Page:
'This way madness lies': The Asylum and beyond, with Mike Jay

The history and meaning of 'madness' or mental illness through the perspectives of doctors and patients, social commentators and reformers - and through the remarkable art and architecture of the institution that defined it: the asylum

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The book is timed to accompany the Wellcome Collection's current exhibition, Bedlam - The Asylum & Beyond of which Mike is co-curator.

We live in a time when the asylums - by their name, places for the refuge and reconstruction of torn souls - have mostly closed, but the problem they were designed to confront, mental illness, proliferates as never before, both in terms of individuals affected and diagnosed, and in terms of definition and perception...

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Click for Wellcome exhibition website

Combining the perspectives of doctors and patients, artists, social commentators and reformers, Mike will tell the story of the asylum's successive incarnations: the 18th century madhouse, designed to segregate its inmates from society; the 19th century lunatic asylum, which aimed to restore their reason by humane treatment; and the 20th century mental hospital, which reconceived their conditions as diseases of the brain. At the same time it traces the alternatives to the asylum that each era imagined, and often created.

The asylums were closed a generation ago, in the belief that new medical treatments were making them redundant. Today’s marketplace teems with medications and alternative therapies – as the era before the asylum did – yet more people are diagnosed with mental illnesses than ever before and for many there are no satisfactory options. How might we come to terms with these conditions in the future, and can the original ideal of the asylum – a place of refuge and care – still be recovered?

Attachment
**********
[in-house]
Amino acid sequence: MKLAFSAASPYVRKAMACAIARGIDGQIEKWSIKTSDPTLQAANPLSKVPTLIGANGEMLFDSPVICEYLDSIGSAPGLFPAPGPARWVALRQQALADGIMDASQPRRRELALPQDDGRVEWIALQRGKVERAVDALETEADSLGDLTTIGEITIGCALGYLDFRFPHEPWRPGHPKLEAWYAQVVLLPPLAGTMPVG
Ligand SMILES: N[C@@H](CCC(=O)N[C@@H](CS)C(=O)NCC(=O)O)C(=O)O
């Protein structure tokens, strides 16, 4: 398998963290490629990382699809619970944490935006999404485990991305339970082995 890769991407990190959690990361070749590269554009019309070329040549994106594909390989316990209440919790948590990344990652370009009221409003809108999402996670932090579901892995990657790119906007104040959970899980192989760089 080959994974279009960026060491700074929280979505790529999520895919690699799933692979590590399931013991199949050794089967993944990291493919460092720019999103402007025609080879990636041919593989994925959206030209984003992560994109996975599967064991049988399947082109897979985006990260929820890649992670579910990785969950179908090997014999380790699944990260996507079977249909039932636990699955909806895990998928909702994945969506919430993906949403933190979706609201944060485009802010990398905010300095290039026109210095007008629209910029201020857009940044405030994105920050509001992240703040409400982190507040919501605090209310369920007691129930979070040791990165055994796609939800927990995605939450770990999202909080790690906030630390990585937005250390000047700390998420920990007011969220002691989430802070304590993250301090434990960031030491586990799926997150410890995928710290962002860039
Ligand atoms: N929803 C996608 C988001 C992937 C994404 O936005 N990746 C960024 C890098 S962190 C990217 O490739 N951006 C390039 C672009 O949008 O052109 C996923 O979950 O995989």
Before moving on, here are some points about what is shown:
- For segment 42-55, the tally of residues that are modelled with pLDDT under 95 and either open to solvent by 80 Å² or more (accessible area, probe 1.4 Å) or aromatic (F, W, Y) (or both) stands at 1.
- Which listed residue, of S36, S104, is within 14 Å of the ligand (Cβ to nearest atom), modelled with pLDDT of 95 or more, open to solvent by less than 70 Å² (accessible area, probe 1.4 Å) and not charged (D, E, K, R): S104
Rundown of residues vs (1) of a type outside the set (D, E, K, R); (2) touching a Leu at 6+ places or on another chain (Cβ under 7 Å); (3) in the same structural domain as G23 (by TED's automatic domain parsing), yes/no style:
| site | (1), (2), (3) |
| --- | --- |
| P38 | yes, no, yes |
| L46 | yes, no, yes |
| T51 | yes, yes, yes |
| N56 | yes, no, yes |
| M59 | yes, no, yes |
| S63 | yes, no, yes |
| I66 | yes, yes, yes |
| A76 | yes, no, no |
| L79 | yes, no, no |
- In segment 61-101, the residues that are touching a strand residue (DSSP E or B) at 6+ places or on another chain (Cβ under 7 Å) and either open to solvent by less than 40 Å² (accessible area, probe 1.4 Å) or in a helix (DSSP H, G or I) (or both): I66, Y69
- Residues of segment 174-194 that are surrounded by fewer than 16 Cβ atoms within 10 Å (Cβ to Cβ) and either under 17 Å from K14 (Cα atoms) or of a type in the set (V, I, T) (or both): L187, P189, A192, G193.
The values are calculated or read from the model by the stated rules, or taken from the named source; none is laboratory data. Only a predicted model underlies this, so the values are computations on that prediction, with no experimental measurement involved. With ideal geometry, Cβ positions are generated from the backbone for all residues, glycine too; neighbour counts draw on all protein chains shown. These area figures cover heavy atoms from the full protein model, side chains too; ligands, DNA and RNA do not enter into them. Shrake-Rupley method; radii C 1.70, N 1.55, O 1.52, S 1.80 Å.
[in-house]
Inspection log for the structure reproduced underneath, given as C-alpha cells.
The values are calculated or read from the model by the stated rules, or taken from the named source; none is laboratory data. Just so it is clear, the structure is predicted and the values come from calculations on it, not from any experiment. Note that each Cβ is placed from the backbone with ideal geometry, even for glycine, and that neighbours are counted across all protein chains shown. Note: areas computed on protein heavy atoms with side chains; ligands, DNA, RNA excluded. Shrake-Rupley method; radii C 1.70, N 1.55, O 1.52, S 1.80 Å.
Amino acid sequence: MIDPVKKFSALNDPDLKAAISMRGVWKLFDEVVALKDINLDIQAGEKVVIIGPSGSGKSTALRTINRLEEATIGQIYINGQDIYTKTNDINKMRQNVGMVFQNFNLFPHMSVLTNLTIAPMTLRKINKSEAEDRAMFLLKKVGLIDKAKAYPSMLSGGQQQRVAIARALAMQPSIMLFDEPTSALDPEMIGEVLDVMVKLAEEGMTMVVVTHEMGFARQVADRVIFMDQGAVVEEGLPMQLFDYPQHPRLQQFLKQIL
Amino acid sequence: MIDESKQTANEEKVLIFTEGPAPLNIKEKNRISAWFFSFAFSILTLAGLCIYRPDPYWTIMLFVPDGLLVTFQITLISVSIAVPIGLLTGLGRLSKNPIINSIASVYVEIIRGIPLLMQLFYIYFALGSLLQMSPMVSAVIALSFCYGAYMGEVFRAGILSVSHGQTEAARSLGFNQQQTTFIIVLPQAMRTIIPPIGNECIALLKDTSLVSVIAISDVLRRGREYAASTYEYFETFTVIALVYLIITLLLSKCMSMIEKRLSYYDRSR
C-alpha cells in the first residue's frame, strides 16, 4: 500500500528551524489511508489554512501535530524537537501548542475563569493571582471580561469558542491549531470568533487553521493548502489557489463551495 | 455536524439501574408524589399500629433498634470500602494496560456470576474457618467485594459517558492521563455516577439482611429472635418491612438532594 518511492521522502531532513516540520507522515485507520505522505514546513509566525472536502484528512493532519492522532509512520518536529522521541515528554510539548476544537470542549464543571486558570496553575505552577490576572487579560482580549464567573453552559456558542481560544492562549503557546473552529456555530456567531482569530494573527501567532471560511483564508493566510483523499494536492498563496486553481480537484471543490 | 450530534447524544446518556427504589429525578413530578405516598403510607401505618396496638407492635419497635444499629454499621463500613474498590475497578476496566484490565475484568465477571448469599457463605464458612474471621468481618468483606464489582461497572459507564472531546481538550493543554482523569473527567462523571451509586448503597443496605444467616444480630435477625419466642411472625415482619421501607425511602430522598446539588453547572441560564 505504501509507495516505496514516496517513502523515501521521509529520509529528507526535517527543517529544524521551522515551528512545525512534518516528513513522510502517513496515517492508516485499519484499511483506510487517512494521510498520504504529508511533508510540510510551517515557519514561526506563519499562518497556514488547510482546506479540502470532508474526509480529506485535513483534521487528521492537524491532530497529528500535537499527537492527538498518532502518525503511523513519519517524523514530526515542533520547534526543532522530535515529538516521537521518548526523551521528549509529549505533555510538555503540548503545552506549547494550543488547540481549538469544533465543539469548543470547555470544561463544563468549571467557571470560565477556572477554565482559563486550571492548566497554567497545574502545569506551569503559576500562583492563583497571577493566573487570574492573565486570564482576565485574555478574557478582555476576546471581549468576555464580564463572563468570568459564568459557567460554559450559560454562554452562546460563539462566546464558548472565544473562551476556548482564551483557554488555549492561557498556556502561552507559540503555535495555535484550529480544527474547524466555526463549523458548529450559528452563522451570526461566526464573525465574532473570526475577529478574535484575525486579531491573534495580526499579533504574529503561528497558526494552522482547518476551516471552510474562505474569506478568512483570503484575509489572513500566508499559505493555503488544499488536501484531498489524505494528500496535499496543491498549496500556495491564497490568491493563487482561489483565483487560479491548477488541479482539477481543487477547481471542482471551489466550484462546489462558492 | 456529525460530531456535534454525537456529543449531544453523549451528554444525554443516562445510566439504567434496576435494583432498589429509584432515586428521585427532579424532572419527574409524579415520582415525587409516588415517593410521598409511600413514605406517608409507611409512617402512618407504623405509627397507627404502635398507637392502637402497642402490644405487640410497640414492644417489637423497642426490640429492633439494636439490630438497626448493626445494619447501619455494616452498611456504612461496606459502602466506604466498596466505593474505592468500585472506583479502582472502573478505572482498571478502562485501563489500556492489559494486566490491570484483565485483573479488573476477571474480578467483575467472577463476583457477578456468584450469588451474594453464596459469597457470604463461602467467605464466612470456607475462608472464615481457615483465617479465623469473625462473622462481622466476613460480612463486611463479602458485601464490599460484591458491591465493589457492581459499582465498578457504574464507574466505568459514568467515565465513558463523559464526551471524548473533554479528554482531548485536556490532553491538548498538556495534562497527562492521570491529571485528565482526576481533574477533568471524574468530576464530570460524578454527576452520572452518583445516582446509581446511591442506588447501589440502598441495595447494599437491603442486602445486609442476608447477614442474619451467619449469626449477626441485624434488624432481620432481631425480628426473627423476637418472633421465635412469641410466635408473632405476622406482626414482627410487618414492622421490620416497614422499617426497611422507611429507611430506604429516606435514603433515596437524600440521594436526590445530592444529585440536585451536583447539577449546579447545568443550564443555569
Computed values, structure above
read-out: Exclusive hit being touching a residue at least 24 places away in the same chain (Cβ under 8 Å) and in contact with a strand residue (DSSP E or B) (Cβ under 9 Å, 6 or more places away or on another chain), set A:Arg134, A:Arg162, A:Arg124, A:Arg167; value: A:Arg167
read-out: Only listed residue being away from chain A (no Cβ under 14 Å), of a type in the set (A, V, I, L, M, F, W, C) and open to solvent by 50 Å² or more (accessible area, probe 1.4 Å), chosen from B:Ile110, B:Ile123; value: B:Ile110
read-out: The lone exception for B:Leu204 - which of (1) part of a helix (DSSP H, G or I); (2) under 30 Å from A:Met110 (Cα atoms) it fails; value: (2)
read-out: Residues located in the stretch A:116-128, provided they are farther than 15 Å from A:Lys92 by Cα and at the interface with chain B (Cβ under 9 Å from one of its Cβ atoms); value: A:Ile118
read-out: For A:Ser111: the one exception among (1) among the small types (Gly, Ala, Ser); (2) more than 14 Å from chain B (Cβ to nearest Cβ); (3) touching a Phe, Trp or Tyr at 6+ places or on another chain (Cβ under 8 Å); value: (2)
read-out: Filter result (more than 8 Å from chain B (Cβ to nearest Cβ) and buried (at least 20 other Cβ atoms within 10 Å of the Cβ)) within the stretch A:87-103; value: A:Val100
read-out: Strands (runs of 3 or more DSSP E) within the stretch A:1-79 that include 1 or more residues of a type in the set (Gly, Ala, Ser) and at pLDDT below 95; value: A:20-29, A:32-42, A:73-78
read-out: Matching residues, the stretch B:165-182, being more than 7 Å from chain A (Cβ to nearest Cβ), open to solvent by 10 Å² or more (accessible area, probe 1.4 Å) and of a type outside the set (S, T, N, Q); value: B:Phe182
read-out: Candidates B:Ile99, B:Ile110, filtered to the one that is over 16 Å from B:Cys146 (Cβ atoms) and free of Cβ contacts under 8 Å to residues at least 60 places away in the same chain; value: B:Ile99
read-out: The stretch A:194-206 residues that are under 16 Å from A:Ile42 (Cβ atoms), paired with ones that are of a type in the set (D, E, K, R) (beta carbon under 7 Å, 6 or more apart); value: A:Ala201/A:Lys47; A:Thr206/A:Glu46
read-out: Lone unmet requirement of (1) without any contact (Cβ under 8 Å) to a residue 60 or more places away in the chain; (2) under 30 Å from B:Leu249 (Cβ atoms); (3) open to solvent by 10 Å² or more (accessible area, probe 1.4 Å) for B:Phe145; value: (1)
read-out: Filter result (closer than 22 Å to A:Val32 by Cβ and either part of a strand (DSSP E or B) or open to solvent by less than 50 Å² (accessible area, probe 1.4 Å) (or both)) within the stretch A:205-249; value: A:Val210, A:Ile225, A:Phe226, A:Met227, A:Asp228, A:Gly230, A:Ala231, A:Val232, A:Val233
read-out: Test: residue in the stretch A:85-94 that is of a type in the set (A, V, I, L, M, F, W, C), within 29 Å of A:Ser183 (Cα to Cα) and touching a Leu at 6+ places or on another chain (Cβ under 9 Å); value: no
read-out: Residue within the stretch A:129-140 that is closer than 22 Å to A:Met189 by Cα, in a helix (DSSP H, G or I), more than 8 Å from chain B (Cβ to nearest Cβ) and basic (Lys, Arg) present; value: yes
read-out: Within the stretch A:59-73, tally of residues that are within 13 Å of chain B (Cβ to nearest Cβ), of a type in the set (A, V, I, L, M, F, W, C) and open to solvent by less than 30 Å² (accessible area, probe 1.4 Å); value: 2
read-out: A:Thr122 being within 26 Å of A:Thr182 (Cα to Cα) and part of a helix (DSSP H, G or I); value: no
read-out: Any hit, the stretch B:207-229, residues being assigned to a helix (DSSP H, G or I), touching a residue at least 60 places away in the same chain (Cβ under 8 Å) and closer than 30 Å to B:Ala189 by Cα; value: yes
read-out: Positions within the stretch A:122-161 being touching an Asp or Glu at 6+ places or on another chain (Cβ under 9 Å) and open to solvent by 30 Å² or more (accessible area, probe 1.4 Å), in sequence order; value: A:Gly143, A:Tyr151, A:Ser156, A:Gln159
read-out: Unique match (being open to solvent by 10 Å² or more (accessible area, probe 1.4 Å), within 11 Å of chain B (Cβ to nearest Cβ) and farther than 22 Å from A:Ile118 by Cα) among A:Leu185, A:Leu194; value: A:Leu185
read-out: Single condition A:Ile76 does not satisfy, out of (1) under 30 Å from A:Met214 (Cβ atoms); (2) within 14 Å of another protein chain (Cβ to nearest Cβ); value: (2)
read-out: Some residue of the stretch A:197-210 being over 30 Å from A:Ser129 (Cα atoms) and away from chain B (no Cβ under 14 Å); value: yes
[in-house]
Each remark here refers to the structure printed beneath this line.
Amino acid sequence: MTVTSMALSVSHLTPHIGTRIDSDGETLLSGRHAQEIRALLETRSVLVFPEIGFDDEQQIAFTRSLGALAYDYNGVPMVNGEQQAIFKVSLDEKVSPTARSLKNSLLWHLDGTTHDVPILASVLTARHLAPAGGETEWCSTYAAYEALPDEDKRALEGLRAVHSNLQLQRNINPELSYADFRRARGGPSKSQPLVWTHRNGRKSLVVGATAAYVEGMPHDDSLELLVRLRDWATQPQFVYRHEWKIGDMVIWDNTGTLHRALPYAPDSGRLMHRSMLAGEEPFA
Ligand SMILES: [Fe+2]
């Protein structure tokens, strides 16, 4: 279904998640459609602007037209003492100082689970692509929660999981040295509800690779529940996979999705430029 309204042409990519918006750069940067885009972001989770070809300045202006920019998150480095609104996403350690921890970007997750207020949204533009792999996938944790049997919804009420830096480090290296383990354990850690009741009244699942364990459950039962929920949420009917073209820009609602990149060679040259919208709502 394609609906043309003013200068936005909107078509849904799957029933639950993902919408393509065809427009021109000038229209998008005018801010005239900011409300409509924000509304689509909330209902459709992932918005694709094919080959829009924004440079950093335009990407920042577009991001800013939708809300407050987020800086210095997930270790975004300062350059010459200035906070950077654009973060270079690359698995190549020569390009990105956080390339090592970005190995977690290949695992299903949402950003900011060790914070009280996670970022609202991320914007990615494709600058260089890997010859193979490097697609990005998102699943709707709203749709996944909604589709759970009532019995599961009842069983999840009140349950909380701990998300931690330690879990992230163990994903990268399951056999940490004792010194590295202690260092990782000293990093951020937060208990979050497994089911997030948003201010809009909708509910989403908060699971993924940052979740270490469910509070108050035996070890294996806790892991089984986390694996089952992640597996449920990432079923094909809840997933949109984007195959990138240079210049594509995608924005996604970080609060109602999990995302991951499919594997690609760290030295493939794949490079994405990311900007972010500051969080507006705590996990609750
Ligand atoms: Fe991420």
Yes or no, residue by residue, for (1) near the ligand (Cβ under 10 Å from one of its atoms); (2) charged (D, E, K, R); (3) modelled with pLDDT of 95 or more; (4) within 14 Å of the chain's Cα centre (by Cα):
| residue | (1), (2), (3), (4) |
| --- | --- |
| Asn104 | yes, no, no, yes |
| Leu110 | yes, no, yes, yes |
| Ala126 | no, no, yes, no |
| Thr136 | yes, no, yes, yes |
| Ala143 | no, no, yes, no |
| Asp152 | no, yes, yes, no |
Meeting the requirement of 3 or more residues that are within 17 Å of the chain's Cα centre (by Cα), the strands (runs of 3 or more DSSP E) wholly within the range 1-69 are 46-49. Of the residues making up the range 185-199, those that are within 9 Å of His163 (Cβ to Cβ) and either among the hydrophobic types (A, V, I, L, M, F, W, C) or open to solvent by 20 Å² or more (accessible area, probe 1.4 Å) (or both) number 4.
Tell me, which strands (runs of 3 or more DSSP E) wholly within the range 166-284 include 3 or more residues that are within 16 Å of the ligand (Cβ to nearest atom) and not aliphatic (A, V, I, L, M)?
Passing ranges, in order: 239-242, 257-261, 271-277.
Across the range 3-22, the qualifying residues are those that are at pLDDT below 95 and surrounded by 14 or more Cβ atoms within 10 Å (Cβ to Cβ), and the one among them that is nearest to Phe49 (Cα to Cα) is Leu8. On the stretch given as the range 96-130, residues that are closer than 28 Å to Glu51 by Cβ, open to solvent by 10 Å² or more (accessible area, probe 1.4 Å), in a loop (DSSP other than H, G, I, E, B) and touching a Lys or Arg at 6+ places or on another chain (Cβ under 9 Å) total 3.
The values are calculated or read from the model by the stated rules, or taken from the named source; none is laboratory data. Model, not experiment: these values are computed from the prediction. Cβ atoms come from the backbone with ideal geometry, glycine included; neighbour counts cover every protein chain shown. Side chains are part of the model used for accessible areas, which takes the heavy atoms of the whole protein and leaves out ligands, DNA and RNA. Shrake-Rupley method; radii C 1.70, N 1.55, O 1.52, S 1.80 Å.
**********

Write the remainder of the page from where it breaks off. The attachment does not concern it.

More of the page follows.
See Mike's Guardian article on art & the Asylum

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Mike Jay

Mike is an author, cultural historian and curator of exhibitions for the Wellcome Centre and Kew Gardens.

His many books and editing projects include High Society, an illustrated global history of drugs, The Influencing Machine, The Atmosphere of Heaven and The Unfortunate Colonel Despard.

See Mike's books here or on his Amazon Author Page.

He reviews regularly for the London Review of Books, the Wall Street Journal and the Literary Review

As a trustee of the Bethlem Art and History Collections Trust, Mike has been involved in developing and designing the Museum of the Mind at the Royal Bethlem Hospital in Beckenham. The Museum was shortlisted for Museum of the Year in 2016.

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John le Carré: 'If you want to know why international crooks and their eminently respectable financial advisors walk tall and only the little people pay taxes, this is the ideal book for you. Every politician and moneyman on the planet should read it, but they won't because it's actually about them.'

2016Martin Keeley